Past Productions: On the RSC stage - 1997
Dr Nick Walton from the Shakespeare Birthplace Trust talks about the history of Hamlet in performance on the RSC stage.
This is a production from 1997 directed by Matthew Warchus. The director made a very bold opening to his production by cutting the Opening Scene, because he felt that audiences had become too familiar with the play. This production didn't begin on the battlements; instead, it started with a film. Projected onto the back of the stage was a home movie of a young boy playing in the snow with his father and a dog. Hamlet, played by Alex Jennings, came walking to the front of the stage holding his father's ashes. He then emptied these onto the stage. This opening tableau set the scene for the rest of the production. It was a personal tragedy about Hamlet, about his grief and about the way he coped with it.
Here you've got the prompt book for that opening moment. You can see that in Claudius's speech some of the lines have been cut. You'll see at the bottom of the page there is a description of how the production launched straight into the party atmosphere for the King and Queen's marriage.
This picture shows the inside of Claudius's office. Getrude is dressed in red, the scarlet woman - a lascivious adulterer in Hamlet’s eyes. With the line
frailty thy name is woman Hamlet targets his aggression towards his mother.
Here you have a picture of Ophelia during the party scene. This gave audiences a chance to see Ophelia in all her radiance: gossiping, chatting, and dancing. This contrasted with the broken, neurotic Ophelia we would see later in the play.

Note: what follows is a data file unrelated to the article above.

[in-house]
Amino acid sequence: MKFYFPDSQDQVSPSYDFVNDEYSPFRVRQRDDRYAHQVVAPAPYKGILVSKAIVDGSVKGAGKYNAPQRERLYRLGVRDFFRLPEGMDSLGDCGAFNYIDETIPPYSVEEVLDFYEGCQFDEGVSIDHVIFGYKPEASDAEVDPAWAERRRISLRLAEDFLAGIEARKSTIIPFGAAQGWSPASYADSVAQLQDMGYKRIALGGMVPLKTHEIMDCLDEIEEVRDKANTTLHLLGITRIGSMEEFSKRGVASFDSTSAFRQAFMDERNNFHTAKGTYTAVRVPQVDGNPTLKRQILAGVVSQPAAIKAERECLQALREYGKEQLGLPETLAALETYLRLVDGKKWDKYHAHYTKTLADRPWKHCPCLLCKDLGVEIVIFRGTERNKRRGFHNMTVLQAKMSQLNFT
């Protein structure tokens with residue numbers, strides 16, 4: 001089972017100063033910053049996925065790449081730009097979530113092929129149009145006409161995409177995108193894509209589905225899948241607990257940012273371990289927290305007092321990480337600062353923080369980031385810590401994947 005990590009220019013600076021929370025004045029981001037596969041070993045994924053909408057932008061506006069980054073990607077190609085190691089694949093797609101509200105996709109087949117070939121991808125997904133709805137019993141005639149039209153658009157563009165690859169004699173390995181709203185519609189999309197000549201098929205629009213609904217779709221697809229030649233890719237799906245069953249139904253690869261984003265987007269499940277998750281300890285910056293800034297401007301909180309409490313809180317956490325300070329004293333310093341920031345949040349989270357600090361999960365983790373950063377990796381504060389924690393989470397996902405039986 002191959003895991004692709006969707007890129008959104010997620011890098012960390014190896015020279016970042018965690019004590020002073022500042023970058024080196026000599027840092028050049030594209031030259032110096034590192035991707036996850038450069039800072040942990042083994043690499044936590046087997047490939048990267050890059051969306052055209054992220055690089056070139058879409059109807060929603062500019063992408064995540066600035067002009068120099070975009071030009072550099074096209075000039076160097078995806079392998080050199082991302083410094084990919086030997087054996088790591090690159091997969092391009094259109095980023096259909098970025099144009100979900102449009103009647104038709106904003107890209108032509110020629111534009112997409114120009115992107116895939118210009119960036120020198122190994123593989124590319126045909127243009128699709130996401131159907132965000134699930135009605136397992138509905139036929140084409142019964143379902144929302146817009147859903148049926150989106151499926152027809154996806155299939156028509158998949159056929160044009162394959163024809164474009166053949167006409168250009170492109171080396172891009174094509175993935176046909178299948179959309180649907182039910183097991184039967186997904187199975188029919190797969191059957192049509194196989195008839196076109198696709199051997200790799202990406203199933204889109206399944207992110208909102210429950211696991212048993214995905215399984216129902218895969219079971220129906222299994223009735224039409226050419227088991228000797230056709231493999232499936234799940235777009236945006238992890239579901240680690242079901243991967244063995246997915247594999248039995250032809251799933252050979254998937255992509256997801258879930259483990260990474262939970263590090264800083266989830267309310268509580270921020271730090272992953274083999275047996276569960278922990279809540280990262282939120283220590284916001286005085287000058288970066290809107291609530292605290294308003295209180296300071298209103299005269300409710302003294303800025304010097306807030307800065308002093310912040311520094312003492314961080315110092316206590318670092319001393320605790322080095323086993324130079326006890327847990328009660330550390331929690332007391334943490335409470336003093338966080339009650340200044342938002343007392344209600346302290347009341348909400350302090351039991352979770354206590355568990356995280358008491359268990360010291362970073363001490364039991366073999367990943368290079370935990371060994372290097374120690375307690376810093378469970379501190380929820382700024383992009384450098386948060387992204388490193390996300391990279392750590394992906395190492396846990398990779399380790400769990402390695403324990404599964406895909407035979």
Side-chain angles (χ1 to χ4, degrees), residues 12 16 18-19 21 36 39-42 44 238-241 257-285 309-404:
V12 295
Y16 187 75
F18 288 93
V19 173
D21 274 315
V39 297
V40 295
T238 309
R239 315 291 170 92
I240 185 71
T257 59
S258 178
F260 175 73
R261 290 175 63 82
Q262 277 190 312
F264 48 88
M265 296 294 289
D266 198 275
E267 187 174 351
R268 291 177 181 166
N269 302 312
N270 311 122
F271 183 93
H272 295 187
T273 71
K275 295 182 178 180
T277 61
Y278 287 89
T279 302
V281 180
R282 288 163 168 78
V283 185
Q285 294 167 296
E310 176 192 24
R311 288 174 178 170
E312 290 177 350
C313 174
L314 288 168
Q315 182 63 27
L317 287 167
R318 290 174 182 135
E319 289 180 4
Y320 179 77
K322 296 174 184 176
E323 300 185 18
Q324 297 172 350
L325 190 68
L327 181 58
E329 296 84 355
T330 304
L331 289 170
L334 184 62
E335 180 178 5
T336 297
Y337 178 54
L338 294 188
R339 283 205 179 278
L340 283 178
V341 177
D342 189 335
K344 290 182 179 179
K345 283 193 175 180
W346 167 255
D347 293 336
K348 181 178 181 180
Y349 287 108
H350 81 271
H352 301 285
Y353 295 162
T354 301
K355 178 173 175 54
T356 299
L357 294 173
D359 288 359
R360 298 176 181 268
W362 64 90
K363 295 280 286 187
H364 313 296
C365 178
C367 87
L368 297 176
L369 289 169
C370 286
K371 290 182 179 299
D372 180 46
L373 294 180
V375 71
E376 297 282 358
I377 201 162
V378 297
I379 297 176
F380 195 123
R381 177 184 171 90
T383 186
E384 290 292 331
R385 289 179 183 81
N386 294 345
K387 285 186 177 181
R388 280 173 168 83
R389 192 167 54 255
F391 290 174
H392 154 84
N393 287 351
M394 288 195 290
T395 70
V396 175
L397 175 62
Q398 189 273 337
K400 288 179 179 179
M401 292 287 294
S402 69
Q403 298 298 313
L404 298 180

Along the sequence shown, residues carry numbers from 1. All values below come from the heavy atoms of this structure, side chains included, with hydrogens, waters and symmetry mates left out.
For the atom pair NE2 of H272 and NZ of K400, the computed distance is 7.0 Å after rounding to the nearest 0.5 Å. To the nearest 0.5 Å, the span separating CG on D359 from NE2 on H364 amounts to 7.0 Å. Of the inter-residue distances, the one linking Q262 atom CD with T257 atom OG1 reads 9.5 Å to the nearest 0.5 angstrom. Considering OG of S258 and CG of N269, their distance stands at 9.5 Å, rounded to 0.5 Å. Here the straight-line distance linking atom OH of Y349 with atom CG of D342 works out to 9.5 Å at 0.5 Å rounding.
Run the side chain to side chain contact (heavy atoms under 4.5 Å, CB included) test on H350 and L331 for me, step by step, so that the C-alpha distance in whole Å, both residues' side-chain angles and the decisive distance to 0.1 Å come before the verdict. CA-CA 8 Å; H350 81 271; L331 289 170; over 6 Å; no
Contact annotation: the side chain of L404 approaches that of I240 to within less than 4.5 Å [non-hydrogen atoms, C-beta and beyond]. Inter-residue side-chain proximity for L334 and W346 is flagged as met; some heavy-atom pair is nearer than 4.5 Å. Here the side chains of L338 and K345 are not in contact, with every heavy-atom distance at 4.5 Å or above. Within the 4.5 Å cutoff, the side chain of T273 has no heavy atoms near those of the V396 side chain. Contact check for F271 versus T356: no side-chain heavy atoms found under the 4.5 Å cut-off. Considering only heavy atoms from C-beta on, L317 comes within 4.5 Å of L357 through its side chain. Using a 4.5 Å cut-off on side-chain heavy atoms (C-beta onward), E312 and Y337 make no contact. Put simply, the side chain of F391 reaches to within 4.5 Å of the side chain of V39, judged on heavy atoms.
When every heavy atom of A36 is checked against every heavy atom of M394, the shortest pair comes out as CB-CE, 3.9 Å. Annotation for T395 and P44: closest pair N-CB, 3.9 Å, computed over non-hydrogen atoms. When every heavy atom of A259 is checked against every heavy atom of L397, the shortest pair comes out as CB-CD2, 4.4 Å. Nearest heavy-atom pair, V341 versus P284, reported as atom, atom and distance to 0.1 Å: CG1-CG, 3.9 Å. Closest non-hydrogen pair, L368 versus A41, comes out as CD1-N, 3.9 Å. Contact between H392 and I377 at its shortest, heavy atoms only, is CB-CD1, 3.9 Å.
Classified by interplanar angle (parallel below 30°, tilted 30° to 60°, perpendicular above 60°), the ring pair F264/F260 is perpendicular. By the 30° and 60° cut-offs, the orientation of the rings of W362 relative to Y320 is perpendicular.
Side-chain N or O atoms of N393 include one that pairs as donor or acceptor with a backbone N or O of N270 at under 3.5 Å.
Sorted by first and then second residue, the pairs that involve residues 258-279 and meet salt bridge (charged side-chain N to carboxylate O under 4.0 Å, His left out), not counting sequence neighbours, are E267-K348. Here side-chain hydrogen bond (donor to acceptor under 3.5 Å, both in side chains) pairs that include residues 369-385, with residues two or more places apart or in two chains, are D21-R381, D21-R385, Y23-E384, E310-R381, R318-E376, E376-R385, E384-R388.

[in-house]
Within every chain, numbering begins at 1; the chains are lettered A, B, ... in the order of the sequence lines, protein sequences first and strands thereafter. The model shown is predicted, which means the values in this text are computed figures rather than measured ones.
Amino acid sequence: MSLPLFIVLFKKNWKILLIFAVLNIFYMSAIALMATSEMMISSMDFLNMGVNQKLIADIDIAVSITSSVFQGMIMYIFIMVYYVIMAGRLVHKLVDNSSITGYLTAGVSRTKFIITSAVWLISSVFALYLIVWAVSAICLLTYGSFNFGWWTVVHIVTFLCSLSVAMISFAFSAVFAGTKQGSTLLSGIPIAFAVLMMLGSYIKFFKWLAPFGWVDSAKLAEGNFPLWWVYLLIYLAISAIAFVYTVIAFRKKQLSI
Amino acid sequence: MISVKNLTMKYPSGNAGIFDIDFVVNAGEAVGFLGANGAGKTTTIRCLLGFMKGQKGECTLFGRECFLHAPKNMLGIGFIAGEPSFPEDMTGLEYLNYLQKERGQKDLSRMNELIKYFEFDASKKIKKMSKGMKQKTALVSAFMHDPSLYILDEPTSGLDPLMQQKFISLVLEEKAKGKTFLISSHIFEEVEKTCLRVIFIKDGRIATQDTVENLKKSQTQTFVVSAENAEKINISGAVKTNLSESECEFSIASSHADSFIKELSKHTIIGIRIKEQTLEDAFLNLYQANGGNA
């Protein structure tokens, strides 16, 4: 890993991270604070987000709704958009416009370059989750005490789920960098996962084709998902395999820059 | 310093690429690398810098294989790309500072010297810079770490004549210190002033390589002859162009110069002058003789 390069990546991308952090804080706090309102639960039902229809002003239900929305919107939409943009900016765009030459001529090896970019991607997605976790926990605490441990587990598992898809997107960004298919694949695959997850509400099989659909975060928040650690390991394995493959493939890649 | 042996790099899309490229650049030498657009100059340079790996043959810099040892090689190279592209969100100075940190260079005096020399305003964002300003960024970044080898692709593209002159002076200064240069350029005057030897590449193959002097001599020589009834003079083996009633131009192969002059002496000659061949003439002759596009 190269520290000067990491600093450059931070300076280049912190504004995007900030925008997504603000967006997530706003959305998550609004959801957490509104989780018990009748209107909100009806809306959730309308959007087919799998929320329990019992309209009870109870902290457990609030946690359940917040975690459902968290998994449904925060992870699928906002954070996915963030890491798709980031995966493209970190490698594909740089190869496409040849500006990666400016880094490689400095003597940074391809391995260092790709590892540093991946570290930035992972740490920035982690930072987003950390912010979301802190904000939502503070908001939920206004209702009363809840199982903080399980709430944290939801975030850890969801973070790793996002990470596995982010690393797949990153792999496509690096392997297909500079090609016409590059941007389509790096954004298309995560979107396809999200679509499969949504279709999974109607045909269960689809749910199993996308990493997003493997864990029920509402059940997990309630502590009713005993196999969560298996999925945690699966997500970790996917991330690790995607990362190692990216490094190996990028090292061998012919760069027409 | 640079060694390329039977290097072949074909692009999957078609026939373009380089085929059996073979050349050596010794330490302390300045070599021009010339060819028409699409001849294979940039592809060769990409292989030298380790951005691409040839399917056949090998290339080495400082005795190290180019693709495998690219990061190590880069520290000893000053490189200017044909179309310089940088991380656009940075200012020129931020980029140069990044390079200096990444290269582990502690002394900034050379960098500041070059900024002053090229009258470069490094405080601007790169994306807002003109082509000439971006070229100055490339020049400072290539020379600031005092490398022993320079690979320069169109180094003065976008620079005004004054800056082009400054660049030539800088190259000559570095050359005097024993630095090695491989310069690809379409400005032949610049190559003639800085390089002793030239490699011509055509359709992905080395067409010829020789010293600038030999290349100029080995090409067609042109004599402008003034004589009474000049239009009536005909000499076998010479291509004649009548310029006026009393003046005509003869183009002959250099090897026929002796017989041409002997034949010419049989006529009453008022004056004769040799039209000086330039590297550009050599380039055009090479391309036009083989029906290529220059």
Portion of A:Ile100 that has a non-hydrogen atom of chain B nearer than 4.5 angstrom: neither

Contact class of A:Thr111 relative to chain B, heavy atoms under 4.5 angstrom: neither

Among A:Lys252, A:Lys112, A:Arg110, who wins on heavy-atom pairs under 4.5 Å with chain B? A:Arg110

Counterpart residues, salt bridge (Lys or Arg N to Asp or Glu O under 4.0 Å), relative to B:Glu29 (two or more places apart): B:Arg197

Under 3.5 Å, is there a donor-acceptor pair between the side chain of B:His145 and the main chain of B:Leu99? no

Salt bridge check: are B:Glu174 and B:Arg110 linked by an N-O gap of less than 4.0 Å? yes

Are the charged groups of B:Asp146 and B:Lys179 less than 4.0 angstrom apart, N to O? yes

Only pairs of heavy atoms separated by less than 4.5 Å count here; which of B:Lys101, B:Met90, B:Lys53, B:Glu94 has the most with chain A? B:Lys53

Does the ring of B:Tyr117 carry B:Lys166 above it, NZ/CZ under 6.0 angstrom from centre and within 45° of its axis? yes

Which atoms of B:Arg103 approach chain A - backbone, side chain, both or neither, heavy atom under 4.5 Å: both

The prompt book reveals that Hamlet remained on stage whilst Polonius spoke to Ophelia about the prince’s recent behaviour. Hamlet wandered around the party carrying a Polaroid camera. He looked alienated, disconnected. It was very difficult for people to retain their privacy in this court.
Here's an image of Ophelia after her father's death. Instead of giving herbs and flowers to the King and Queen, she spilled pills around the stage. She had been seen taking pills through the course of the play – an evident sign of her distress.
Whenever Hamlet wanted to be alone he escaped up into the loft. Confidential conversations took place in this location; conversations with his friends Rosencrantz and Guildenstern, with the players to discuss the performance of ‘The Murder of Gonzago’, and with himself for his
To be or not to be soliloquy.
When the ghost appeared in Gertrude’s closet he wore a dressing gown and slippers. It was only makeup that suggested his ghostly appearance. Hamlet looked long and hard at the ghost reaching out his arms for him. Gertrude didn't see the ghost in this production and could only look in bewilderment at Hamlet's gestures.
This production cut Fortinbras and ended with a gunshot. The closing moment saw a return to the projected film of Hamlet falling into the arms of his father.
© RSC 2009 Commentary by Nick Walton from Shakespeare Birthplace Trust. Opening Scene photograph © Ivan Kyncl. All other images by permission of SBT, photography by Malcolm Davies
Sophistication over time
1901-1940 Beyond Shakespeare's words
1948 Gothic Hamlet
1958 60-year old Hamlet
1965 Sixties' Hamlet
1970 Singing Ophelia
1975 Claustrophobic Hamlet
1980 Visible ghost
1984 Boisterous Claudius
1989 Rebel without a cause
1992 Edwardian Hamlet
1997 Ophelia on pills
2001 CCTV Hamlet
2004 Bent double ghost
2008 Modern iconic Hamlet
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